POLYMER PLAY

by Sandra Bruce

Imagine this: you wake up to a view of Lake Tahoe in the crisp Fall air, head to the Dining Hall to have coffee and breakfast with some great folks who share your love of creativity, then stroll over to your classroom where you’ll spend the day with a few other like-minded souls, making wonderful things with polymer clay: buttons for wearables, beads and other jewelry pieces, art books, or any other thing your heart desires. After lunch, take a break in the afternoon to walk down to the lake, or take a nap, or chat with your friends. In the evening….more polymer perhaps? One of our programs, shopping in our store, or watching a sunset. Sound good?? Read on!
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This year I am teaching a polymer clay workshop, where a beginner or even a more experienced polymer fan  can spend the week learning many techniques and go home with some goooood stuff! I can hardly wait myself for a solid chunk of polymer time!img_9191

Let me show you just a few examples of what is possible. Here is a necklace made by a student after a 1-day polymer class. She made the beads and then took them home and made the necklace. Stunning!! These polymer beads are made with the “Mokume Gane” technique which I will be demonstrating.

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Another visual of some of a student’s work at the end of a one-day class:img_3441

You can even make a little figurine. I made this in a workshop with teacher and polymer artist Dayle Doroshow. My little Italian cook resides on my kitchen shelf.img_3451

Here is a purse I made and then I made the button to go on it. Buttons can be made in almost any shape, size and color(s) to match a purse, sweater, jacket, blouse, or any garment. Knitters and crocheters, you too!

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I bought this blouse recently, it had a very boring set of white shell buttons on it, so I replaced them and here is the blouse now. Voila!p1020423

Necklaces are so easily made to go with an outfit, since you can make the colors match and get it just the way you want it. I’ll bring my jewelry-making supplies and we will make some one-of-a-kind pieces.

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Big beads like this are fun to make, and very “Frida Kahlo” inspired!img_7476

Earrings can be long, short, fancy, simple….what’s your favorite?p1030984-filtered-copy

 

 

So that you can see the “magic” of polymer clay, I’ll show you one of the easy techniques, step-by-step:  There’s no waste with polymer clay. Look below, here is a little pile of scrap pieces. The colors don’t even look like they go together, do they?

img_7795The scraps get chopped into little bits.

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Then, a log is created in your hands, of the bits.img_7797The log is twisted, for a minute or two….then flattened….
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…..and VOILA! Striped buttons! I love this technique.

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Canework is the “backbone” of polymer clay work, I like to say. We’ll be making them in many styles.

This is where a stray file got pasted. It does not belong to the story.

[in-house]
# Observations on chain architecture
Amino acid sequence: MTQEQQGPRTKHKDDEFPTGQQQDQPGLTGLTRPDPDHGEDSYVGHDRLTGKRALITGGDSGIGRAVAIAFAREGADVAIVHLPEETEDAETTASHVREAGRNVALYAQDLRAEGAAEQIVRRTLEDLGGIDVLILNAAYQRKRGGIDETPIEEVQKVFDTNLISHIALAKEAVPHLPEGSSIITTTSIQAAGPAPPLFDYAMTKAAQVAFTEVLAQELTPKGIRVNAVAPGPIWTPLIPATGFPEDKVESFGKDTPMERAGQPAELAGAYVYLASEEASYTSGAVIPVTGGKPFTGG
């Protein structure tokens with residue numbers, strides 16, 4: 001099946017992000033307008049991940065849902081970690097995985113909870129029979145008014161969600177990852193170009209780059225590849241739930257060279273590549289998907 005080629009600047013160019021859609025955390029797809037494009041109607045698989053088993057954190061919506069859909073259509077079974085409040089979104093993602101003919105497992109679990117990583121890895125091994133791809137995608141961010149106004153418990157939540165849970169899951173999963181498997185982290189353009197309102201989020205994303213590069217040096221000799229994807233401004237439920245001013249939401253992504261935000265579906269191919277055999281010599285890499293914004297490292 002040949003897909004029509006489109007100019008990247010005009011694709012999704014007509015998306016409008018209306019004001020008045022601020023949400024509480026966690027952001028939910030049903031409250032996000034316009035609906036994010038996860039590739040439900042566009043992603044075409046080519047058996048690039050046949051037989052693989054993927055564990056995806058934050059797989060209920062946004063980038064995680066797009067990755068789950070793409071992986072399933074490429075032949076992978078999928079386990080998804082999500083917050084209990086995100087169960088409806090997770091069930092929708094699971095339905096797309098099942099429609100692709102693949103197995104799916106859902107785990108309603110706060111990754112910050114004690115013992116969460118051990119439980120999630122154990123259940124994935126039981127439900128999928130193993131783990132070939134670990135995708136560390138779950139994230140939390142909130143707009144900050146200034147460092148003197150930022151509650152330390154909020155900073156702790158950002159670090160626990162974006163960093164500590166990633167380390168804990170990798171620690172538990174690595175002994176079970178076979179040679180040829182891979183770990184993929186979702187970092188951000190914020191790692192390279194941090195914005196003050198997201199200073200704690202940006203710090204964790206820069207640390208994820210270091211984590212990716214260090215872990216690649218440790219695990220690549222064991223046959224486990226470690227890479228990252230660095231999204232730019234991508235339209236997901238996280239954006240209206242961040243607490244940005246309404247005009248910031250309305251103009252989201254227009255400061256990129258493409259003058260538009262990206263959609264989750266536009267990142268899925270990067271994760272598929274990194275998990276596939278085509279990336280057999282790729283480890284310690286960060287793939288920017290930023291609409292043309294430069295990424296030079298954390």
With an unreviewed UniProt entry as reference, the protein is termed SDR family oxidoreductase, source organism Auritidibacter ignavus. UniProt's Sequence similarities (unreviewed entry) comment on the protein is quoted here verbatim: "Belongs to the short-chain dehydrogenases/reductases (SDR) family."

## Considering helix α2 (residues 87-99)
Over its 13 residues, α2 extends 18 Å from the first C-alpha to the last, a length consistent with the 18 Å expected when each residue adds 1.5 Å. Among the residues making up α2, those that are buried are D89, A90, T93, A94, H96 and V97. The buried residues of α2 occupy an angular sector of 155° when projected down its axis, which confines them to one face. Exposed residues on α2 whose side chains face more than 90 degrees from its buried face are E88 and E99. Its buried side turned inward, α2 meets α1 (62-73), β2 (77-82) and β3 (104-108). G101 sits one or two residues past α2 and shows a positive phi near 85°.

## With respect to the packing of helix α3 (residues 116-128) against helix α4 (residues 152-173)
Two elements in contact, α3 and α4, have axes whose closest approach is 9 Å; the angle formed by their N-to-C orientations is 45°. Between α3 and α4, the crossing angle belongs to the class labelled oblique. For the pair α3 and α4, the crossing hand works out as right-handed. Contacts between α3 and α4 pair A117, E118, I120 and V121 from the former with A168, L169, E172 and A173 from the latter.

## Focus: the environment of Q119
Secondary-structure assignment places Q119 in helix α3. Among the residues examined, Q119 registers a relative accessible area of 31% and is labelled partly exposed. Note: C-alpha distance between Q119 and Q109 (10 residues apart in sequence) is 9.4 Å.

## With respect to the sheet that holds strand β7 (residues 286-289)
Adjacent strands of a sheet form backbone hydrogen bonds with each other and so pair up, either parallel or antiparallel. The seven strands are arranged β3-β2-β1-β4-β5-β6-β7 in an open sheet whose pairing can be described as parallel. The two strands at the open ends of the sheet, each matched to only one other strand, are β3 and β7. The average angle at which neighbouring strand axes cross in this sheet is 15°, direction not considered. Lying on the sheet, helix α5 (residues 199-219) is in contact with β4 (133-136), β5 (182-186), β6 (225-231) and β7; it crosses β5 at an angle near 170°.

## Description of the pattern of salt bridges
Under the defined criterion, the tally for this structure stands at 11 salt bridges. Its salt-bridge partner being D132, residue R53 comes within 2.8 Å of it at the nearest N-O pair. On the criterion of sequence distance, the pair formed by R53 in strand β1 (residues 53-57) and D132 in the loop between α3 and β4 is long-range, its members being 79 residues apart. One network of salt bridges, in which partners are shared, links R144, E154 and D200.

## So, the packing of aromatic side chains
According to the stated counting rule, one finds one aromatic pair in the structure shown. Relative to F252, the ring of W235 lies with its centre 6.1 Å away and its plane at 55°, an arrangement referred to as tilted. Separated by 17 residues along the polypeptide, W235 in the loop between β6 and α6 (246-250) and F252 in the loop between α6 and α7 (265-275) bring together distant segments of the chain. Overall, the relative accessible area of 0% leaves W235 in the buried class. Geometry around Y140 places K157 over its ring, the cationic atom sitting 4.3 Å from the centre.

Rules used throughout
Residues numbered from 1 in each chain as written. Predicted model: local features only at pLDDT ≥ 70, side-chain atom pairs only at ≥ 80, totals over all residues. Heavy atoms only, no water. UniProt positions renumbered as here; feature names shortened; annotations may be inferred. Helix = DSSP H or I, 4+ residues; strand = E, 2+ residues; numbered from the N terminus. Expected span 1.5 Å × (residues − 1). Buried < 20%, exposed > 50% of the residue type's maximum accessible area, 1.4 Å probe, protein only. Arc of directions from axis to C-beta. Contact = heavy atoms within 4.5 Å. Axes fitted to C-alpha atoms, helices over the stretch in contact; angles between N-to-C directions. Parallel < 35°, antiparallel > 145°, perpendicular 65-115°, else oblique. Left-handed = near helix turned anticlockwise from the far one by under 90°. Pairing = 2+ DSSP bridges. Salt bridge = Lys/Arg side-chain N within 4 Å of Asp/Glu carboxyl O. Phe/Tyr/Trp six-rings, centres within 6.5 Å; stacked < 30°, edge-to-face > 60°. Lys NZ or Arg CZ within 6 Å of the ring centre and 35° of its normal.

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You can see how easy it is to get carried away making things with polymer. Really and truly!

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Making gift “books” is a wonderful idea. The front and back covers are polymer, with blank accordion pages inside to write on. Very unique!img_1917

I could go on and on, as there are endless possibilities. If you want to see more, I encourage you to go to my Pinterest account, and on my Polymer board I have over 3,500 pins of polymer clay. Techniques, videos on “how-to”, and many beautiful pieces created by all the polymer fanatics out there (I’m one too!) Check it out! You can find me under my name, then the polymer clay board.

So, if this sounds fun to you, if you want to try polymer or continue your love of the craft please consider signing up on our “workshops” page under my name. I am happy to gear the workshop to what you want to make. I guarantee you will have a ball and enjoy yourself in this beautiful, inspiring place. Class size is limited and I already have sign-ups so make your plans soon!

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10 thoughts on “POLYMER PLAY

  1. Great blog! I especially like that I can scroll your Pinterest board right there. I’m hoping your students make lots of buttons, etc. that they might like to sell to those of us who can’t take your class.

  2. Sandra,

    I love your blog. I’m from Placerville but now live in New Mexico. Someday I hope to go to your Tahoe retreat. I noticed you spelled mokume gane Wrong. I have a mokume gane engagement ring made by Michael Daniels in Cool. It means wood grain in Japanese.

    I took Christine’s Urban Ombré class in Grass Valley a few years ago and finally (almost) finished the queen size quilt except there are still just a few safety pins in it …

    Robin West We are the ones. The time is now.

    >

  3. Sandra, your polymer photos are amazing. I shared with my new crafty friends here in Raleigh/Durham. They are drooling! If you EVER have another reason to come to our area, we would love to have you come teach a class at our Art & Craft Guild in our housing development. Alas, we cannot afford to pay travel fees, but could offer you many nice guest rooms to stay in.

  4. Wow, wow! Great pictures to get me wanting to pull out ye olde pasta machine. Acckkk!! There are not enough hours in the day!! I love to work in polymer clay because of what I learned from you in past classes.

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